An important development that I nearly missed – At their recent annual meeting in San Diego, voting representatives of the more than 25,000 members of the American Public Health Association (APHA) approved a policy that identifies violence associated with “law enforcement” as a major public health concern. (You can read about it here – https://filtermag.org/2018/11/15/the-american-public-health-association-declares-police-violence-a-public-health-issue/)
APHA members – including public health educators, medical professionals and researchers – are keenly sensitive to the physically and psychologically traumatic effects of police violence on individuals, families, and communities. The deleterious impacts are worst, of course, for low-income, working-class communities of color, where social oppression through police power – including the ongoing plague of unjustified shooting deaths – is all too commonly a substitute for addressing systemic issues of poverty, underemployment, non-existent social services, crime, and physical infrastructure decay.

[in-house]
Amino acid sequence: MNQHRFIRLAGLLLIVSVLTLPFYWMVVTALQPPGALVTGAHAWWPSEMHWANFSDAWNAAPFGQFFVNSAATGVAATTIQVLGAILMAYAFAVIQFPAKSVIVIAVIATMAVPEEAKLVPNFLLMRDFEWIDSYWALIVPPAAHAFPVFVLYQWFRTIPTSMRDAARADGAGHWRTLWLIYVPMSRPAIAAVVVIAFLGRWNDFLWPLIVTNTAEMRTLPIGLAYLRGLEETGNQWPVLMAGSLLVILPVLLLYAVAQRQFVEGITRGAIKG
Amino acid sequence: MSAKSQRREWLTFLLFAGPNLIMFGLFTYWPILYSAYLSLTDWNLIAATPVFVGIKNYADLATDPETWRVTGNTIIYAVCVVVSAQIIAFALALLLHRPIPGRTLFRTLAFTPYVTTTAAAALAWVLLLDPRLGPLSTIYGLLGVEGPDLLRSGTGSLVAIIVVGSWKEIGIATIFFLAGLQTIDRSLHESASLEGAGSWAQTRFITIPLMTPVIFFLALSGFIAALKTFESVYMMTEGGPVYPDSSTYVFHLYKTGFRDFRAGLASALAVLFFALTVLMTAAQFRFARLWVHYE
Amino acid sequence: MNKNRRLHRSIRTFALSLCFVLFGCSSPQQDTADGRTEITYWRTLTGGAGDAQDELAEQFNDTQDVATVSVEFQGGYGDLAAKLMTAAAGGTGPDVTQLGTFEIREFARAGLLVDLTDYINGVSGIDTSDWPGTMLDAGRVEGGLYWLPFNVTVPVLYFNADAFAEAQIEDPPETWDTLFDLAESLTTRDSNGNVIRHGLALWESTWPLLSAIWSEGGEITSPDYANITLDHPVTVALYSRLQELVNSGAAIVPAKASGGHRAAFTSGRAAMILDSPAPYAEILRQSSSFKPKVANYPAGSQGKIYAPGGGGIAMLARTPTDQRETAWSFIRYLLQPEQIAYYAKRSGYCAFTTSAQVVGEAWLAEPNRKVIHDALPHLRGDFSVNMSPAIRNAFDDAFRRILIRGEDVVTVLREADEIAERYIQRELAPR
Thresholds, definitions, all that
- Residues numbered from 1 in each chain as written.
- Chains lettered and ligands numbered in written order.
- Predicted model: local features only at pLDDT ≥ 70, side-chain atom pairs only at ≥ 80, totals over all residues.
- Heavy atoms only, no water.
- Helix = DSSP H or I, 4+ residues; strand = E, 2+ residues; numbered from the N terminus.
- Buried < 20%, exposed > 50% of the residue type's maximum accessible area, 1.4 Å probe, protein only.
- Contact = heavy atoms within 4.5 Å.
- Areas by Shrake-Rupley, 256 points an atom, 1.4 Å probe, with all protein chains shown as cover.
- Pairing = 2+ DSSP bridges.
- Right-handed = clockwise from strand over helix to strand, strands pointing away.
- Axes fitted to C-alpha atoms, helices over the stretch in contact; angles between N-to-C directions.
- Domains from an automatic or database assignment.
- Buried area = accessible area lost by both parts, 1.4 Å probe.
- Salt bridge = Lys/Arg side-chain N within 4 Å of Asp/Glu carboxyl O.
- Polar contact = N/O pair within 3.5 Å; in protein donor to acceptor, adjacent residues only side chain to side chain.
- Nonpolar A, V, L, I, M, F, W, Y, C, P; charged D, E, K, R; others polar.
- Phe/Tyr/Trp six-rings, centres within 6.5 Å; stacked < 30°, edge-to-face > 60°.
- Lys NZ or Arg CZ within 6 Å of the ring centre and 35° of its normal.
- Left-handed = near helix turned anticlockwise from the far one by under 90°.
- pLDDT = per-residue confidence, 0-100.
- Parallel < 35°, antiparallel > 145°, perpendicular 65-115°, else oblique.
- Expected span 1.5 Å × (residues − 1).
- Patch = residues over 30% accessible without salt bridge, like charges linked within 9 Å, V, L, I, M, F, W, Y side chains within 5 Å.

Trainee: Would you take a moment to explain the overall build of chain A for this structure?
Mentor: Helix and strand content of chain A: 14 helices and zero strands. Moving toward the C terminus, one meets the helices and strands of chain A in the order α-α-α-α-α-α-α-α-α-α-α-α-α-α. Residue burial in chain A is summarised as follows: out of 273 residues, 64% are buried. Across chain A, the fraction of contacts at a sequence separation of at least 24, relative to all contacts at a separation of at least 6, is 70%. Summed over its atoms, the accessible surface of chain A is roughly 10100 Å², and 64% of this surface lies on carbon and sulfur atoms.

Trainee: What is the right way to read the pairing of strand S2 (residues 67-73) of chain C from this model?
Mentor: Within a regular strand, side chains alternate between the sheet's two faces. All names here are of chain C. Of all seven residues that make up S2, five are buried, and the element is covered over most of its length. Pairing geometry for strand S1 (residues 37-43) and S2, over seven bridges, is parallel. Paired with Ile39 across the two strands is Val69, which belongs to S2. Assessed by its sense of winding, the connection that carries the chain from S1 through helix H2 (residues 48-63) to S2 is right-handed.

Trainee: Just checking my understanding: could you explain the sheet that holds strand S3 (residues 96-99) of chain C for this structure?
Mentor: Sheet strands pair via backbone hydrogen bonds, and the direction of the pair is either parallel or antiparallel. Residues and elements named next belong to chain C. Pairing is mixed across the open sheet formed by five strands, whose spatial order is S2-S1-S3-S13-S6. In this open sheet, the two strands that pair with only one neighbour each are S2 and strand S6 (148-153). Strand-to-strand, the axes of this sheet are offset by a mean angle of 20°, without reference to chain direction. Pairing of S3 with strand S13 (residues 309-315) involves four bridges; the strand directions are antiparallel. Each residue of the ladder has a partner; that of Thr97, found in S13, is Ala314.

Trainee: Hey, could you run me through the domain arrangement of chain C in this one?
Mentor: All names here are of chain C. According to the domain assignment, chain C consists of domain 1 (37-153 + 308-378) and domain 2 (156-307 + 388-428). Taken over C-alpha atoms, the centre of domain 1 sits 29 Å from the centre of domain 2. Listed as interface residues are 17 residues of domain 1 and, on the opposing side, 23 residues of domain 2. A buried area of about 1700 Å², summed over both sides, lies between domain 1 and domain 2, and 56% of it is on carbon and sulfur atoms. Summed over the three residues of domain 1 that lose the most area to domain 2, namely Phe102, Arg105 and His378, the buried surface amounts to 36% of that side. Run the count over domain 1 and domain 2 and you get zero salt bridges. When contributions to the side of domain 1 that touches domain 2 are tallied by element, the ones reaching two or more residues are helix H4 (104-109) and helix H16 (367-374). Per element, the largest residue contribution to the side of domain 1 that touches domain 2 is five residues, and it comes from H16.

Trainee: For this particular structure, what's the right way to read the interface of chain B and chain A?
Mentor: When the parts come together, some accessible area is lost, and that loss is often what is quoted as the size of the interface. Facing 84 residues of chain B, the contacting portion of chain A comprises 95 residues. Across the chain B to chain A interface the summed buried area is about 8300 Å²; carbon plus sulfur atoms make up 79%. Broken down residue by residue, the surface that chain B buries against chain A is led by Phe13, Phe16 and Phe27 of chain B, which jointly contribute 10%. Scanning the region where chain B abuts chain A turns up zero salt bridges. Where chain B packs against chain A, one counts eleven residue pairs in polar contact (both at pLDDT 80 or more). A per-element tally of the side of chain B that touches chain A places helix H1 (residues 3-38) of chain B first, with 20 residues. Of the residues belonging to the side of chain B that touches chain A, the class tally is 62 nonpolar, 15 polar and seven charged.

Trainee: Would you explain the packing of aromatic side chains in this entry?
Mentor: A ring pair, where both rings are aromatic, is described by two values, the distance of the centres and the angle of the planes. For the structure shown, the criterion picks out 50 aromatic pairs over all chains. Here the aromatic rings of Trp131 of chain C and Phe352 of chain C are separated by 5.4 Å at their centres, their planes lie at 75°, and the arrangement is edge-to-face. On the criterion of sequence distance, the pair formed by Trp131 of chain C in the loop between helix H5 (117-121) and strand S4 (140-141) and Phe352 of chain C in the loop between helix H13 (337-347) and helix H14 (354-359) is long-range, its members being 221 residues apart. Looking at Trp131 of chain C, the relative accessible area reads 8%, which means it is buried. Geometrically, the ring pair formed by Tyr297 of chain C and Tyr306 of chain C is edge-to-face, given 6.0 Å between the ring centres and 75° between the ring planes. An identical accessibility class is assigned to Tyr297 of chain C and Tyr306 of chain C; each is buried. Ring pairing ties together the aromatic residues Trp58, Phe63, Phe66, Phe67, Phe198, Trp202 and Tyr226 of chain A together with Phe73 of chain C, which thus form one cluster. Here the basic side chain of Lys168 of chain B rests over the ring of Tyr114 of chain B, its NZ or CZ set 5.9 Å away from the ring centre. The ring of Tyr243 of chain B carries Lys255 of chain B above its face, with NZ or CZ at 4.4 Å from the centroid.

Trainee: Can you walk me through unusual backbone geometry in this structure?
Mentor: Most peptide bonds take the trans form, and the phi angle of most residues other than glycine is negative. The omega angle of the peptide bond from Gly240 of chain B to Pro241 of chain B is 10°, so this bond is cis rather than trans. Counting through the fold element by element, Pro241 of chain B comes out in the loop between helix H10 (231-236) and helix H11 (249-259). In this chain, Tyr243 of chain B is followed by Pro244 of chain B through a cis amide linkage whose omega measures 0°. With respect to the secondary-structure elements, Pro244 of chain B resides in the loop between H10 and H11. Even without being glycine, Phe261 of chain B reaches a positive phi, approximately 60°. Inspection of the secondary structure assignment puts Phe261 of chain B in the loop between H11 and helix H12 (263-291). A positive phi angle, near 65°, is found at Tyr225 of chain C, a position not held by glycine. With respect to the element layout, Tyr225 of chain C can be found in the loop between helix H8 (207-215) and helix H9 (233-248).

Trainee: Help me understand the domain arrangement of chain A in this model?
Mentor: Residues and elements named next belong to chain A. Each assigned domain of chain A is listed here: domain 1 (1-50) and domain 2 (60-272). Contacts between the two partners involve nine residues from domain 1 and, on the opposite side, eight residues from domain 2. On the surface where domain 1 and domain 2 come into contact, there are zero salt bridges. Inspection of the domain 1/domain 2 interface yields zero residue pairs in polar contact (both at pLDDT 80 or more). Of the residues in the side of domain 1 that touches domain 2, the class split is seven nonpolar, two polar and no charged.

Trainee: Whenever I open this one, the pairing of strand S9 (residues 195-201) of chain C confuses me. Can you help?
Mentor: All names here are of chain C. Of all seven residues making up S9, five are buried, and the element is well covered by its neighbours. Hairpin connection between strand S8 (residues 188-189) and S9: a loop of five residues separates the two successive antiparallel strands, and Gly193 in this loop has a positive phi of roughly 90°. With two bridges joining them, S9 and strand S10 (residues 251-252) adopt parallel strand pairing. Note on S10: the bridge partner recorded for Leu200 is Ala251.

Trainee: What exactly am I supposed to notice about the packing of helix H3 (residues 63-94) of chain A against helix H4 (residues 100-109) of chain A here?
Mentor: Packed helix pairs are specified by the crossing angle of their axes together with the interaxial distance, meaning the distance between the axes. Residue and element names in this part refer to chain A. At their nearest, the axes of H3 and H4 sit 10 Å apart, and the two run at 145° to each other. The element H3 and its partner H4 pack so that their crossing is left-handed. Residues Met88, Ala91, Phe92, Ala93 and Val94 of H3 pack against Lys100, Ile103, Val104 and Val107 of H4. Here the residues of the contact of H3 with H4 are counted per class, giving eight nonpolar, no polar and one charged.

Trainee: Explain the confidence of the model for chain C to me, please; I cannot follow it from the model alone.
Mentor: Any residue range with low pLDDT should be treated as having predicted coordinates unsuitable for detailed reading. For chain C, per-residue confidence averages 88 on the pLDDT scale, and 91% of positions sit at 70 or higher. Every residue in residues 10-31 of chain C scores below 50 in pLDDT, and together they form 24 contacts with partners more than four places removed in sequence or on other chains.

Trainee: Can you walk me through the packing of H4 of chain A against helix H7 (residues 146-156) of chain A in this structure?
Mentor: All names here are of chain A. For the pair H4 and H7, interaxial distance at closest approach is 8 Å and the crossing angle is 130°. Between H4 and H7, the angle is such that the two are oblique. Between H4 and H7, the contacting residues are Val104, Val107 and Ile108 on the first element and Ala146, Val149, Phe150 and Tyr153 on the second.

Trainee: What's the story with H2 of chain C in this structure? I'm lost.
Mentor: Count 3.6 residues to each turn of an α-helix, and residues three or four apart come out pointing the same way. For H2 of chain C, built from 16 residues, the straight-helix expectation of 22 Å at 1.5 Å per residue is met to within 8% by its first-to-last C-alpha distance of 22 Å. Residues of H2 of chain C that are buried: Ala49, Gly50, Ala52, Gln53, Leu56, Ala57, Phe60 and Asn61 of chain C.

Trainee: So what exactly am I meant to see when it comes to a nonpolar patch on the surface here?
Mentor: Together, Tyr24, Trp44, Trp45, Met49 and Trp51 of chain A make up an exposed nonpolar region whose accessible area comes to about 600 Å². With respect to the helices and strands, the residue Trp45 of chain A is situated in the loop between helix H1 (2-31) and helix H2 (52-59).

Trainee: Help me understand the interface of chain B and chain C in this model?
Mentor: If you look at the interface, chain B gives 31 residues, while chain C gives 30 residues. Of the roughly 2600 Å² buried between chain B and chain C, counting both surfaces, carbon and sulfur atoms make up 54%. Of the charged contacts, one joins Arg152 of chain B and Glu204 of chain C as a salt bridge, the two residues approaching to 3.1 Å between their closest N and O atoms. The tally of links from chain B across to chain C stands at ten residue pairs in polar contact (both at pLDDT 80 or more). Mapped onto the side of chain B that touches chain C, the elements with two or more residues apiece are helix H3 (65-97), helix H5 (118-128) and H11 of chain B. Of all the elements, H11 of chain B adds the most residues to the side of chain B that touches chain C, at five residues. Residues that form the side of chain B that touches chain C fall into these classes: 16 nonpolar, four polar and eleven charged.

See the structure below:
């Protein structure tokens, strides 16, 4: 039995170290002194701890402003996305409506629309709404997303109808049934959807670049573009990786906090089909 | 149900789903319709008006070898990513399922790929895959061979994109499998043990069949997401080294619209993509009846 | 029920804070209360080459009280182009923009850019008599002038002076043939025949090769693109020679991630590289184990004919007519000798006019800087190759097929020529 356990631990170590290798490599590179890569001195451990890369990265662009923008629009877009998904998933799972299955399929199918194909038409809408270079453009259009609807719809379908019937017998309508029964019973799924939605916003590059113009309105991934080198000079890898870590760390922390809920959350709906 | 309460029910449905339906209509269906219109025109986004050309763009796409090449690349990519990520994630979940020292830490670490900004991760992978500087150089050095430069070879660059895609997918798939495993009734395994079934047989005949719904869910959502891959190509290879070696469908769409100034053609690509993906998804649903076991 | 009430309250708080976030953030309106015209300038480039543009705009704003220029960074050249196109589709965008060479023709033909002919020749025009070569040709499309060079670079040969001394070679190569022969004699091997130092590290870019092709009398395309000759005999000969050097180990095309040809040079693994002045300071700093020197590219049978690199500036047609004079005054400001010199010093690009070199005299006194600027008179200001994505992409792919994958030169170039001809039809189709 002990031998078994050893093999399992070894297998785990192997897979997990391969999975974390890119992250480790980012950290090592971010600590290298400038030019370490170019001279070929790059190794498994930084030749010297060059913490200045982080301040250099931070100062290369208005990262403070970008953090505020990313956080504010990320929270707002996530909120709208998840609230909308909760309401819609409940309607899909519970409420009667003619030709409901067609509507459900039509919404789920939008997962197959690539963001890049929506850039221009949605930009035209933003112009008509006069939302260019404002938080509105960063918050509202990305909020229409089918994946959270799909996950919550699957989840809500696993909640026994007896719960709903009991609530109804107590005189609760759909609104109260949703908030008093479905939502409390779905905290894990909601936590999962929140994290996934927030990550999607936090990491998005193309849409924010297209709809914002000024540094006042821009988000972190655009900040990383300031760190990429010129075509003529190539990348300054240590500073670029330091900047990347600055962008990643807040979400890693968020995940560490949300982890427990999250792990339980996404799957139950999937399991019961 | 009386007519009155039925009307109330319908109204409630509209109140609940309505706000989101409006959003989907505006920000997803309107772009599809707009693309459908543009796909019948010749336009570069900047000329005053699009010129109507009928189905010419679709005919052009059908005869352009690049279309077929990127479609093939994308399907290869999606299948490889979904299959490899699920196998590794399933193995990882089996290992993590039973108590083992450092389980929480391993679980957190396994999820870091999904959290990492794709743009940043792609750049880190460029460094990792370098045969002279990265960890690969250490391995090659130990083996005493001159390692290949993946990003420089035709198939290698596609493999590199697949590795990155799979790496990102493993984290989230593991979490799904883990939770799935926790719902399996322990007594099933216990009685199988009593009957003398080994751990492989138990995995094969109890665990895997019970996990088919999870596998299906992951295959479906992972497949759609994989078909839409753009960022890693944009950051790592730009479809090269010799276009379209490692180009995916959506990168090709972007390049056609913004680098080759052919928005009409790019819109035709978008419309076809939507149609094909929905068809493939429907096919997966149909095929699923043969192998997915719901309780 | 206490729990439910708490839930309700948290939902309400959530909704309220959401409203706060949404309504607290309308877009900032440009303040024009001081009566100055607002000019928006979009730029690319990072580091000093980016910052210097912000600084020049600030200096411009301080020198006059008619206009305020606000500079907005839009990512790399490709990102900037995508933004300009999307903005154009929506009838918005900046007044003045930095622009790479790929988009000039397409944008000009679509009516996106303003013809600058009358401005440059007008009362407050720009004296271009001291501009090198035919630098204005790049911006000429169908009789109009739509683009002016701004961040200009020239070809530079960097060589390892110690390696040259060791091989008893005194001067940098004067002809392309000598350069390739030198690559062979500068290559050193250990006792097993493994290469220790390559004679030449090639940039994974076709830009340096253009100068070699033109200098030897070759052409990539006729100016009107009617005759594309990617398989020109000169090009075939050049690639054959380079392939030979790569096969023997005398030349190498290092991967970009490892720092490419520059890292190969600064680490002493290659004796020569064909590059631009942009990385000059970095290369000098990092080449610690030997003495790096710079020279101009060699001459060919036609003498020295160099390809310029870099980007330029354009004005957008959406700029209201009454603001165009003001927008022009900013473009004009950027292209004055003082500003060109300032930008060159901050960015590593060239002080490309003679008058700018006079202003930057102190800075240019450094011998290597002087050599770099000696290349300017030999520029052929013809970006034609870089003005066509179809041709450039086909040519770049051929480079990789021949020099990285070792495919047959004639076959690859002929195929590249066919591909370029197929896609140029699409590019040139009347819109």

It’s a policy position that social justice-minded social workers (reminder: this is supposed to be all of us) should find easy to agree with.